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Docker - Python

After following this tutorial you will have a working target update stream, consuming the Tracking Stream with Python, in a Docker container, without timeouts, and with the ability to reconnect to the stream shortly before a disconnection event.

In this example, we log the arriving target updates of a filtered query that only shows target updates over Atlanta airport. At every position_token we receive, we write the token to the local file system. The last token is written and then renamed to make the update operation atomic. This avoids corrupt or half-written position_tokens. In case of a disconnect, the stream reconnects at the last available position_token, to avoid missing target updates.

This example is best used as a base for a persistent connection that is not expected to interrupt regularly, e.g. a stream on EC2 or Google Compute Engine. Here we do not timeout the connection, but keep it alive indefinitely, until either the server disconnects or the consumer fails. Then the consumer can reconnect to the last known position_token to avoid missing target updates, but it will likely receive some duplicate target updates.

Source code#

You can find and download the source code for this example here.


This overview outlines the purpose of each file in this example, and which role it plays.

  • and contain production-ready sample client code that wraps the v2/targets/stream API; It exposes target updates via callbacks and handles graceful disconnection to avoid duplicate target update delivery.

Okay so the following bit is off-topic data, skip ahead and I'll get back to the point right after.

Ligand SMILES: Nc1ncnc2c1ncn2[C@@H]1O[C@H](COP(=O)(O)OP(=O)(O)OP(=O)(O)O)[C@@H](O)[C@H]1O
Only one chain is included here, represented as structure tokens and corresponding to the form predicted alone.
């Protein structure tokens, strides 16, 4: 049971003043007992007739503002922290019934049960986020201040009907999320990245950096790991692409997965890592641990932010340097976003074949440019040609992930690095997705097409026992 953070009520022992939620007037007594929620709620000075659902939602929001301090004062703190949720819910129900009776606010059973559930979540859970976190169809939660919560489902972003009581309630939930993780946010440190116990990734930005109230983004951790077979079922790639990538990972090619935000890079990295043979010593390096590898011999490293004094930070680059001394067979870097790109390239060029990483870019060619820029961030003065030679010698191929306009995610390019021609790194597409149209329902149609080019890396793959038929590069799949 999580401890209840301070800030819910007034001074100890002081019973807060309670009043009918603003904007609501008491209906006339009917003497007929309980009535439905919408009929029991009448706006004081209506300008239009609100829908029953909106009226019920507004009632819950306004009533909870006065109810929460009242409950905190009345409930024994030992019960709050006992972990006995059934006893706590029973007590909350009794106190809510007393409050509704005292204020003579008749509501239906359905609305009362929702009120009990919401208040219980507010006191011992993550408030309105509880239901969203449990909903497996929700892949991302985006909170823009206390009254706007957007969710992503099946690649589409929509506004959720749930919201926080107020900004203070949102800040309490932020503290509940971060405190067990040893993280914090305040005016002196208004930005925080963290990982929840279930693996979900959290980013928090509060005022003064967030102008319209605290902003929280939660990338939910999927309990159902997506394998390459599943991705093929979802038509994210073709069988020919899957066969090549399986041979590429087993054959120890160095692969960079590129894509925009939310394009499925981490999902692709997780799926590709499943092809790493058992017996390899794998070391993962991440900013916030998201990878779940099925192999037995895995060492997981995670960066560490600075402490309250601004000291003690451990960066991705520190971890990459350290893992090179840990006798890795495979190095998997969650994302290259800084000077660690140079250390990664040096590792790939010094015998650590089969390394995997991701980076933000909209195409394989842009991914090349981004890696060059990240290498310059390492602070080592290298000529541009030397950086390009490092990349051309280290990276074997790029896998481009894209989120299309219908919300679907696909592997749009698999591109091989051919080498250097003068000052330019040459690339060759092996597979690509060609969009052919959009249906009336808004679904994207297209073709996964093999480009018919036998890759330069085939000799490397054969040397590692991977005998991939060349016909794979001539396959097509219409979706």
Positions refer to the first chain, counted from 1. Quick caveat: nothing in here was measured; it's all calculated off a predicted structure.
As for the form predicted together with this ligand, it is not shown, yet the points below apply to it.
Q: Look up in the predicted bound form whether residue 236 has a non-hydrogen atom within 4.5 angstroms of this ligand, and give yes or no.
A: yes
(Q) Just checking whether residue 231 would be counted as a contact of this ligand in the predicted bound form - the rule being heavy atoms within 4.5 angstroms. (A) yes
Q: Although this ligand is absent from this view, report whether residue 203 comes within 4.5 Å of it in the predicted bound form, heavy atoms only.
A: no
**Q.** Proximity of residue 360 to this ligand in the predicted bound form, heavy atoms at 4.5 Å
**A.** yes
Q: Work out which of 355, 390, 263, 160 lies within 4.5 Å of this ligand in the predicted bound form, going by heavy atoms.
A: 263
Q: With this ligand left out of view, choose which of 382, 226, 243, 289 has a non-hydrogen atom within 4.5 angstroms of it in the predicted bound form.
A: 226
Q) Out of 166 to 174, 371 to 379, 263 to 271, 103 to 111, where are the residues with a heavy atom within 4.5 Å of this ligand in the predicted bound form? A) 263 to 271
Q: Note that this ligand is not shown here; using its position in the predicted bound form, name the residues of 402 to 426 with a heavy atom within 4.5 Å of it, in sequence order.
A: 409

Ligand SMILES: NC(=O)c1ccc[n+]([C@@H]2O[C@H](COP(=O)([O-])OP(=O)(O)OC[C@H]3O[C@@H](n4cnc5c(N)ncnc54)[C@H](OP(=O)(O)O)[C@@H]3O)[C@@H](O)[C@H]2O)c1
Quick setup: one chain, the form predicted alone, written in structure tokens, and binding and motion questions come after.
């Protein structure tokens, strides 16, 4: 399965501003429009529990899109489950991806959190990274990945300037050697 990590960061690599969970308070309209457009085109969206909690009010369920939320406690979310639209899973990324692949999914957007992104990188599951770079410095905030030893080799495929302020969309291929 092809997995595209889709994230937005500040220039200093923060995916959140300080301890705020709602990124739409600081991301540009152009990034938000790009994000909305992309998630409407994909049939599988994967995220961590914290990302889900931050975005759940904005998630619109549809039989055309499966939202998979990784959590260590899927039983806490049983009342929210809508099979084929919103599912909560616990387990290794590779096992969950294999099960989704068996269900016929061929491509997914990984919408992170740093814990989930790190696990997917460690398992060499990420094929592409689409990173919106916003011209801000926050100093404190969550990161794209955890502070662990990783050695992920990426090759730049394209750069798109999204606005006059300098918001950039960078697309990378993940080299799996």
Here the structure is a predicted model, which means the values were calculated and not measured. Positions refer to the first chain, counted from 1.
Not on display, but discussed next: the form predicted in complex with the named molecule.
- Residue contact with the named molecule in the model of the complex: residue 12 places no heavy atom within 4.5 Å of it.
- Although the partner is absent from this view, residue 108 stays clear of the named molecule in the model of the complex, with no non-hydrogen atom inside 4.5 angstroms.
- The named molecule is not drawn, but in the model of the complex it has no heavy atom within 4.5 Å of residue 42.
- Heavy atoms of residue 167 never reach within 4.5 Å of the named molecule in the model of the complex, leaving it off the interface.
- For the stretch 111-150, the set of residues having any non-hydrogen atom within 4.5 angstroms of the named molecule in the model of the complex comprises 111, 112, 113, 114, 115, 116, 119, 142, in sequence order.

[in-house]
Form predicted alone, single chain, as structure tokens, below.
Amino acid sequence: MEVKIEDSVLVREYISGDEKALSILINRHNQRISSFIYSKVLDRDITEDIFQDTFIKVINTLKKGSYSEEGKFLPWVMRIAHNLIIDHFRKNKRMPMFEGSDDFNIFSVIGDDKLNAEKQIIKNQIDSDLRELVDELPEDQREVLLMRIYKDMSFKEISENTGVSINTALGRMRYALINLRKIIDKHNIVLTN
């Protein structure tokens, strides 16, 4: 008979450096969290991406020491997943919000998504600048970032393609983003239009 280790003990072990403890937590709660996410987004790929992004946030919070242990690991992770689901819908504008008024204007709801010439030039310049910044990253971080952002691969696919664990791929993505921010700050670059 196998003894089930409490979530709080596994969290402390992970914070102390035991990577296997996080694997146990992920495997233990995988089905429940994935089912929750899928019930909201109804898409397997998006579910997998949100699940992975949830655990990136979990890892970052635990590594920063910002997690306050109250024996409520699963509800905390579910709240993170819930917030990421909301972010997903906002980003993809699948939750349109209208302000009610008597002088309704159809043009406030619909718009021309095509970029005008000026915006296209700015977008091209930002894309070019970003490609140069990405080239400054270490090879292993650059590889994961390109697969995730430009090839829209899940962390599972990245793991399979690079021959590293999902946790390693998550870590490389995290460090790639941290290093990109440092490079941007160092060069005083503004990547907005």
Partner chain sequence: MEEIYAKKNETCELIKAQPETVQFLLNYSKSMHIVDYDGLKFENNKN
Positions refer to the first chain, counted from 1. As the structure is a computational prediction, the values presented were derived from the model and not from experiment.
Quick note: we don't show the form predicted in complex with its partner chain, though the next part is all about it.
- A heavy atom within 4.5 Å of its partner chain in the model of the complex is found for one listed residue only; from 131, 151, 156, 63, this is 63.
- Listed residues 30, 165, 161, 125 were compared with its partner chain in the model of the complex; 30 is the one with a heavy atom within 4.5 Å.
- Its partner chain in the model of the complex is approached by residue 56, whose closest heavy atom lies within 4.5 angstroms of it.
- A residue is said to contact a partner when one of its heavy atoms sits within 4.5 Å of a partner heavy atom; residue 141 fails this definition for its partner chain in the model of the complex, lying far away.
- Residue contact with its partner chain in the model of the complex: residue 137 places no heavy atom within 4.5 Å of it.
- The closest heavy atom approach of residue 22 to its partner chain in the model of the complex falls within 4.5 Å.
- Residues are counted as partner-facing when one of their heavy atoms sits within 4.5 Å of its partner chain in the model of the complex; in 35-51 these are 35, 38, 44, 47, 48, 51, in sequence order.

• uses and manages loading and storing position_tokens, that encode the position in the stream that the client has progressed to. This is also where the TargetProcessor class is located: This class processes target updates as they come in, and exposes a callback function to do so.
  • Pipfile and Pipfile.lock defines all Python package dependencies for the client, like the requests package to easily call network resources, and pytest for testing and development.
  • Dockerfile contains the Docker image definition and specifies the command that will be called when starting a container.

The next section lists all prerequisites, with links and notes on how to install them.


To execute this tutorial you need the following accounts and tools on your system:

  • Docker to build the Docker image and run the Docker container;
  • Git to download the source code; and
  • pyenv to install and load the correct Python version, in case you want to modify it.

Having these prerequisites in place you can walk through the next section to set up the example on your account.


The first part of this section contains and describes the necessary commands to build the Docker image and run the example on your system. The second part shows how to set up the development environment, and adapt the code to your needs.

Building the Docker Image#

Build and tag the Docker image

docker build . -t airsafe-2-stream-example

To build the Docker image fetch the source code from our Github repository. In the terminal, navigate into the tutorial-resources/docker folder. In that folder, execute the docker build command.

In the next step we pass the Tracking Stream token to the image and mount a folder where the streaming process can persist position_tokens, to allow it to reconnect after a potential failure.

Starting a Docker Container#